Do what you say you're going to do. That's it.
Sounds simple, right?
We think so, too. That's why it's one of the mottos we live and work by at Integrity.
That motto applies to more than just the promises that we make to our clients and team members. It also applies to the things we build. They should do what we promise they're going to do. Every time.
To make it even simpler, let's sum up this approach to business and web application development in one word. Trust.
Here's how to get it, and keep your users coming back for more.
Just like it does in any relationship, trust takes work. First of all, you've got to build the thing. Build the app, the super awesome responsive redesign, the next big social network, the whatever. Make it simple. Make it work.
Next you have to listen to your user feedback and find a strategic way to make it work within your project. That is, if you like putting food on the table.
Robin Rath, CEO and Co-founder of wildly successful St. Louis startup PixelPress, knows paying attention to users is key.
"I think the biggest thing is listening to the ideas people have and delivering on those ideas," Rath said about his take on instilling and keeping user trust. "But you get a lot of feedback, and you'll never have time to do all of it."
So what the PixelPress team does make time for is carefully collecting all of that feedback and responding to the ideas that they are interested in implementing in order to get clarification.
"We always want to deliver on things that people want," Rath said. Because of such, PixelPress takes a creative approach to delivering on feedback that doesn't necessary fit into the current lifecycle of their product or business - they simply introducing it in future versions or bake it into brand new products.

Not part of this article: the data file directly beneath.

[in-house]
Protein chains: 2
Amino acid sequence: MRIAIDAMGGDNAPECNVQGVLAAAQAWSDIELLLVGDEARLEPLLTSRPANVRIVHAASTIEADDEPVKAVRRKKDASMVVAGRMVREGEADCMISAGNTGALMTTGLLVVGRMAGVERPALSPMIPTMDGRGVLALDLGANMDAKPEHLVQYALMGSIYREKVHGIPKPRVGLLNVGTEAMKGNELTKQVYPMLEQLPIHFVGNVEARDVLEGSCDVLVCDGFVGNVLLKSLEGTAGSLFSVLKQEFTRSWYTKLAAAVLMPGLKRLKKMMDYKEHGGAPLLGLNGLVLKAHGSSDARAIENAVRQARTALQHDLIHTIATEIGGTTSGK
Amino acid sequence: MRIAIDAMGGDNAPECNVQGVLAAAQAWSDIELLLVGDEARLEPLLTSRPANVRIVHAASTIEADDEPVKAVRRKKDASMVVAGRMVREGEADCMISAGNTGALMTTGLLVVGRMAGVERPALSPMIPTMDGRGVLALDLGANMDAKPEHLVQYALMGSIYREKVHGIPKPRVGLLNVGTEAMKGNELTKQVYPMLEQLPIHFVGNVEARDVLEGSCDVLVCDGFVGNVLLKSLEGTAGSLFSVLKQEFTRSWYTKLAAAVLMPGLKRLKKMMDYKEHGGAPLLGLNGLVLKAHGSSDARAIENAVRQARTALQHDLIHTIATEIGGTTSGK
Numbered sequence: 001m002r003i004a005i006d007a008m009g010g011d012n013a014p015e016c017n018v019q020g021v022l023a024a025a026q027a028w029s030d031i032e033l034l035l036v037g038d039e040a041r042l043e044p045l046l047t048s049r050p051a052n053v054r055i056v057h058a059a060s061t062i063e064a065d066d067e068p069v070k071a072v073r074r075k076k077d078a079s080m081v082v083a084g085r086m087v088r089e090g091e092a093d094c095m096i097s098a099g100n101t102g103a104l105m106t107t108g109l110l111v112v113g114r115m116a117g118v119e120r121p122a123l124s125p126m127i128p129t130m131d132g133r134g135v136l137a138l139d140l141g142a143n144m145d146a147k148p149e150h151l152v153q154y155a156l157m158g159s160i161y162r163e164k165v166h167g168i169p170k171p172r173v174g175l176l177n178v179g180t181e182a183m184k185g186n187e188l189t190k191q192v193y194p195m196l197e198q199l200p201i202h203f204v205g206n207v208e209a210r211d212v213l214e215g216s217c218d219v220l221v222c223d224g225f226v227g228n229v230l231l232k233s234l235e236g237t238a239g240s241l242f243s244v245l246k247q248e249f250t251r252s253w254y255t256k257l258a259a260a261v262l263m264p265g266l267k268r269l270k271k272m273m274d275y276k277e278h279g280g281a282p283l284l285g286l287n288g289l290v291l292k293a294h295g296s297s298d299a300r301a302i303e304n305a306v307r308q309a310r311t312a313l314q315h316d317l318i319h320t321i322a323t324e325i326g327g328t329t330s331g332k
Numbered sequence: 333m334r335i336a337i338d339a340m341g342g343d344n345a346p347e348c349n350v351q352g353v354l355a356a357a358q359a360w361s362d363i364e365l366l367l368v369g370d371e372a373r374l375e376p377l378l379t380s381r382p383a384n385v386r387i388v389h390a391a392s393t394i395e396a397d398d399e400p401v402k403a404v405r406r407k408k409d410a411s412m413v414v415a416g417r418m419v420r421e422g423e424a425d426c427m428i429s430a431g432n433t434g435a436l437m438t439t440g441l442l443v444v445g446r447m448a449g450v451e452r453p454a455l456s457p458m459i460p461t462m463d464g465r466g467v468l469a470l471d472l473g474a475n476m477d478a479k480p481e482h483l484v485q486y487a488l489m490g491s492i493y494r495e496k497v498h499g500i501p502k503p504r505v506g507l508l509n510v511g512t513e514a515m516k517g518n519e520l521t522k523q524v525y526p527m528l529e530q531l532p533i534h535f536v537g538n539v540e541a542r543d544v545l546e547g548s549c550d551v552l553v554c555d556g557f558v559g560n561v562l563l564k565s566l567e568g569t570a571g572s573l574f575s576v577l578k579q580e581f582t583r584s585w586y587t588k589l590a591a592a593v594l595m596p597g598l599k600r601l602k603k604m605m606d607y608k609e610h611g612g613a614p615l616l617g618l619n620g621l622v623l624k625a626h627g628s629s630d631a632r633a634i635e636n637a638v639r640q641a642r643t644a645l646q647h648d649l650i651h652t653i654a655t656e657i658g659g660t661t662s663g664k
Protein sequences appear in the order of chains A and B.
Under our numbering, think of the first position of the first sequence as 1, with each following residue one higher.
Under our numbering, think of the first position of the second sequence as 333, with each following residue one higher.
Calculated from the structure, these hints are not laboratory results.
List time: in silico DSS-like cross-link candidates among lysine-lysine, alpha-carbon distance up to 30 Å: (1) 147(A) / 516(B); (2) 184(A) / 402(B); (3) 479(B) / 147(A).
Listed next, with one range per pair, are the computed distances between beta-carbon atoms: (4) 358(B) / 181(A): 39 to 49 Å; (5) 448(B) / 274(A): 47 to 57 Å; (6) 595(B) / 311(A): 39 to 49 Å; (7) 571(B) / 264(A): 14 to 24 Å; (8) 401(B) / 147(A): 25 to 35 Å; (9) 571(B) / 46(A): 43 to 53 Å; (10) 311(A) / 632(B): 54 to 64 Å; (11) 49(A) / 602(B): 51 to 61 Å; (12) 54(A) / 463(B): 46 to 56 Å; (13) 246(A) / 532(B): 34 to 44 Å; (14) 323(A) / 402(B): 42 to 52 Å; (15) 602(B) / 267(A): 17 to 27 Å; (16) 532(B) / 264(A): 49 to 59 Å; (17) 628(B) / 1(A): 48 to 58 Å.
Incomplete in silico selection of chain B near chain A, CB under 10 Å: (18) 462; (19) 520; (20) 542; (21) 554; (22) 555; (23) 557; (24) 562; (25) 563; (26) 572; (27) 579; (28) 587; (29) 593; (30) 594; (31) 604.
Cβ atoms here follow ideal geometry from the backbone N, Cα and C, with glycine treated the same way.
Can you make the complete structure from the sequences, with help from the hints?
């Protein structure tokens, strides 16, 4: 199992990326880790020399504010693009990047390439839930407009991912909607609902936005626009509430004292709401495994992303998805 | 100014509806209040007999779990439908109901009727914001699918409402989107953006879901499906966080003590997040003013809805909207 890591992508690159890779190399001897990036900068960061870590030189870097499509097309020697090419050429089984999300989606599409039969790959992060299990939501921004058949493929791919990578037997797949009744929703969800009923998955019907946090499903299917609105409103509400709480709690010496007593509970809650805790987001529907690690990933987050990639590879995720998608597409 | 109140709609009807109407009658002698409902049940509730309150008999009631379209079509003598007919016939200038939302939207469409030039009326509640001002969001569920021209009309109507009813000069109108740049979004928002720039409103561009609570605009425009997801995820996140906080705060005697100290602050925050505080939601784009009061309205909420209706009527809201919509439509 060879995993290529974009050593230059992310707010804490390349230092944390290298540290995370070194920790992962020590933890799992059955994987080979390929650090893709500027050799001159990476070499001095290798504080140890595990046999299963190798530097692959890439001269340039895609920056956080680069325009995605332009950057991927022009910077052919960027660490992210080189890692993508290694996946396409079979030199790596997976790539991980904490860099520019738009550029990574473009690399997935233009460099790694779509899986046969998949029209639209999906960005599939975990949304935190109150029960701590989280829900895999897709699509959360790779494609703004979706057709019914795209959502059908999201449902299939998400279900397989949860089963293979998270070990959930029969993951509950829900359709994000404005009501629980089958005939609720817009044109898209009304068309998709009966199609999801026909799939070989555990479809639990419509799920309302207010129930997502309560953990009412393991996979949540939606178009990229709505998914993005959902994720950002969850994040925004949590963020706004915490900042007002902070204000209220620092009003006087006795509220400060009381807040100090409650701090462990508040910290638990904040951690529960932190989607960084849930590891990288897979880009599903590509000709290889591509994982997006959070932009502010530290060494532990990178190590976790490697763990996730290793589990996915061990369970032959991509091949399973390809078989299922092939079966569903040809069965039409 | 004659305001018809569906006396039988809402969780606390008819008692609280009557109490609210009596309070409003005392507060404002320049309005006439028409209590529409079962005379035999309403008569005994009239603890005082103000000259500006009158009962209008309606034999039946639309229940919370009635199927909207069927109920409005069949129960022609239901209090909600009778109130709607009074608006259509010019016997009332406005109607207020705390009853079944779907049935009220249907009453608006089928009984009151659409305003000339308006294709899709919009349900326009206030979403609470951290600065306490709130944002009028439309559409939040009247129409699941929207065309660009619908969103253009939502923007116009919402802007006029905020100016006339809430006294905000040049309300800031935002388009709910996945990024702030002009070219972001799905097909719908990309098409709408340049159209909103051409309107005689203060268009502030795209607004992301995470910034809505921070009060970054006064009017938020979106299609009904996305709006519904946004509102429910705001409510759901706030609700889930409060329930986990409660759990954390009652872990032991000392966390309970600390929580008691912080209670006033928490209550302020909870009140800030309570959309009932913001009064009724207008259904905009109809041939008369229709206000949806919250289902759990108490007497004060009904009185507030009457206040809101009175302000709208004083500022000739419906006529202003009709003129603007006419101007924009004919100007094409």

Now that you've got engaged users, anticipate. Anticipate the hell out of their responses to every single move you make. Changing that workflow or converting some features to paid? Better do some kind of pre-launch testing to make sure your user numbers don't plummet.
According to Rath, anticipating user needs for PixelPress comes in the form of actually conducting user testing right there in the room with the gamers, especially considering that its games are geared toward a younger audience.
If you're not sure, just ask. Even if they aren't all prepared to offer feedback, users like to be considered in the way your product or service works. After all, they're humans just like you. And they might even be paying you for that thing you're about to make major changes to.
All that being said, don't be afraid to try new things. Within reason.
"In the first product, there was a lot of challenge," Rath said about the drawing and printing steps required to build a level in the first iteration of their game PixelPress Floors. "So we eliminated a lot of those challenging points of the experience to make the product that much easier to use."
While you're experimenting, never forget to anticipate and never get too far from what your users signed up for.
Perhaps the most important thing of all to remember is to always be prepared with a sincere apology and a readiness to change quickly if you get it wrong. Trust us, it'll happen eventually.
Need some help getting your users to stick around or come back for more? Try us. We're up for the challenge.
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